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The influence of conversation parameters on gesture production in aphasia

Kistner, J., Marshall, J. ORCID: 0000-0002-6589-221X and Dipper, L. ORCID: 0000-0002-5918-3898 (2019). The influence of conversation parameters on gesture production in aphasia. Clinical Linguistics and Phonetics, doi: 10.1080/02699206.2019.1692075

Abstract

Conversation is important in everyday life and this importance is not diminished in aphasia. Context parameters such as topic and partner are known to influence the linguistic content of conversations. With gesture being closely linked to language, these parameters may influence gestures used in conversations. This has not been investigated in previous studies. This study explored the spontaneous use of gestures in the conversations of participants with aphasia (PWA) and neurologically healthy participants (NHP). It aimed to examine the influence of conversation topic and partner on gesture production overall and on the production of semantically rich and empty gestures. 20 PWA and 21 NHP were filmed during conversations with different topics (narrative & procedural) and different partners (familiar & unfamiliar). Analysis 1 investigated the influence of the conversation topic on gesture production overall and on the production of semantically rich and empty gestures. In Analysis 2, the influence of the conversation partner on gesture production was investigated. Both groups produced significantly more gestures in procedural than in narrative conversations. Moreover, PWA and NHP produced significantly more semantically rich gestures in procedural conversations. In terms of the conversation partner, both groups produced significantly more gestures in the conversations with the unfamiliar than in those with the familiar conversation partner. For all findings, there were no group differences and no interactions between group and context parameters. These findings shed light on factors that influence gesture production and suggest that both modalities should be viewed together as a communicative resource for PWA.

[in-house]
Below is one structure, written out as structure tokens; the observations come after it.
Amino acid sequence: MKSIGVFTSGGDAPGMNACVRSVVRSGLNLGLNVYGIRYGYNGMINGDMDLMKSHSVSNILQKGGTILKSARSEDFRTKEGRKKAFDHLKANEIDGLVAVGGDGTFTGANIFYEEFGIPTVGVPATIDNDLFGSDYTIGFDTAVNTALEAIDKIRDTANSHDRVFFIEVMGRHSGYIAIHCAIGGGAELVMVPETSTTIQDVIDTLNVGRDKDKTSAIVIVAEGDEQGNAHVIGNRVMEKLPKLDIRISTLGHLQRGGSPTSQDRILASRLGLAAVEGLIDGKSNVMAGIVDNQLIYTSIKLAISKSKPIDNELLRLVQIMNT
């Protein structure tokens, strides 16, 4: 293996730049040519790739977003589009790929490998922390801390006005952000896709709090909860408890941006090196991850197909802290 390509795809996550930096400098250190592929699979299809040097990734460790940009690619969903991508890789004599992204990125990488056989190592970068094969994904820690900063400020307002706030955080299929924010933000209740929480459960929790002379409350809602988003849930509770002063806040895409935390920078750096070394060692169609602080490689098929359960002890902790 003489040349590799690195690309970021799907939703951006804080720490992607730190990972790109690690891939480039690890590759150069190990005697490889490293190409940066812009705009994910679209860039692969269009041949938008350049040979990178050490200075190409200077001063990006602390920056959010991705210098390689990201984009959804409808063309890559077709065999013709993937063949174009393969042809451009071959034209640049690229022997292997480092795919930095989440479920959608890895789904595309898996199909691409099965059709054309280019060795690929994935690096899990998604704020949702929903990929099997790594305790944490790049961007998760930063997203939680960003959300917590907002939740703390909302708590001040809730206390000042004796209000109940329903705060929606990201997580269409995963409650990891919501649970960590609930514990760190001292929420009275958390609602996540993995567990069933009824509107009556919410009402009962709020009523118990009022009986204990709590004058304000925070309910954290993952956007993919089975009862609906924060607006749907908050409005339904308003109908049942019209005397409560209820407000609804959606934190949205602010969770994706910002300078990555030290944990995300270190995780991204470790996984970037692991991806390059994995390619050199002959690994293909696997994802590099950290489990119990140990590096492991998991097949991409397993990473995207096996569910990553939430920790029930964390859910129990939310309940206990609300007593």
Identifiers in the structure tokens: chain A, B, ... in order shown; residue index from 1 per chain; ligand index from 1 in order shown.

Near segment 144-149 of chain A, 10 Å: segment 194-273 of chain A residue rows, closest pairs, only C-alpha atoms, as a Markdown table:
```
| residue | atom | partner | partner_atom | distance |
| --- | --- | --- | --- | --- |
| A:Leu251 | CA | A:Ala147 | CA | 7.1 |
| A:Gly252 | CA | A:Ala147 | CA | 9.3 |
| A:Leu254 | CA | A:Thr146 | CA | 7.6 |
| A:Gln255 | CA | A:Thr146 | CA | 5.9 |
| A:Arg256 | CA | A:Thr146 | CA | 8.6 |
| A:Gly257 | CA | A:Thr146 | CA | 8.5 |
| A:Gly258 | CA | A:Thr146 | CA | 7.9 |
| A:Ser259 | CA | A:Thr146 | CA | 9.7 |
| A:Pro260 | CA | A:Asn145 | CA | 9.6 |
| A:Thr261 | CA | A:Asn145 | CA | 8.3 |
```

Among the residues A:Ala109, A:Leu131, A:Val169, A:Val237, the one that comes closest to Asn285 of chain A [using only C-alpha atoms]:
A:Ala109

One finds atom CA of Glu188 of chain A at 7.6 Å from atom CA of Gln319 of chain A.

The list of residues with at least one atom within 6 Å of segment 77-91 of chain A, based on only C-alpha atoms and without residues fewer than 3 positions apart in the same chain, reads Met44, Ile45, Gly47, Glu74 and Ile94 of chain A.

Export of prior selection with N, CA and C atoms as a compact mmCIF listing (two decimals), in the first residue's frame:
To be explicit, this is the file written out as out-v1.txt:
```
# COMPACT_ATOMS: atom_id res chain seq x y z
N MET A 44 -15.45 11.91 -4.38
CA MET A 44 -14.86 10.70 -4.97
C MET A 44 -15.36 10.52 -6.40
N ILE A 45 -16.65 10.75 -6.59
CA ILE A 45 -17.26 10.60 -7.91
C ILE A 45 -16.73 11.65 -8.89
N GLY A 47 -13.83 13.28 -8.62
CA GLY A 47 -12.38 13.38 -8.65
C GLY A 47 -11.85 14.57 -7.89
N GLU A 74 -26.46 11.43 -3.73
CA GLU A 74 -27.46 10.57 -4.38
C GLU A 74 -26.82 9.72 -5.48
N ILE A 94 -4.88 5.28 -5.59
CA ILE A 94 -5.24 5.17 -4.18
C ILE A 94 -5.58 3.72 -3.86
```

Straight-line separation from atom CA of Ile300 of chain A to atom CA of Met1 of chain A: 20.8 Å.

Publication Type: Article
Additional Information: This is an Accepted Manuscript of an article published by Taylor & Francis in Clinical Linguistics and Phonetics on 19 November 2019, to be available online: https://www.tandfonline.com/10.1080/02699206.2019.1692075.
Publisher Keywords: aphasia, gesture, conversation, topic, partner
Subjects: P Language and Literature > P Philology. Linguistics
Departments: School of Health Sciences > Language & Communication Science
URI: https://openaccess.city.ac.uk/id/eprint/23236
[img] Text - Accepted Version
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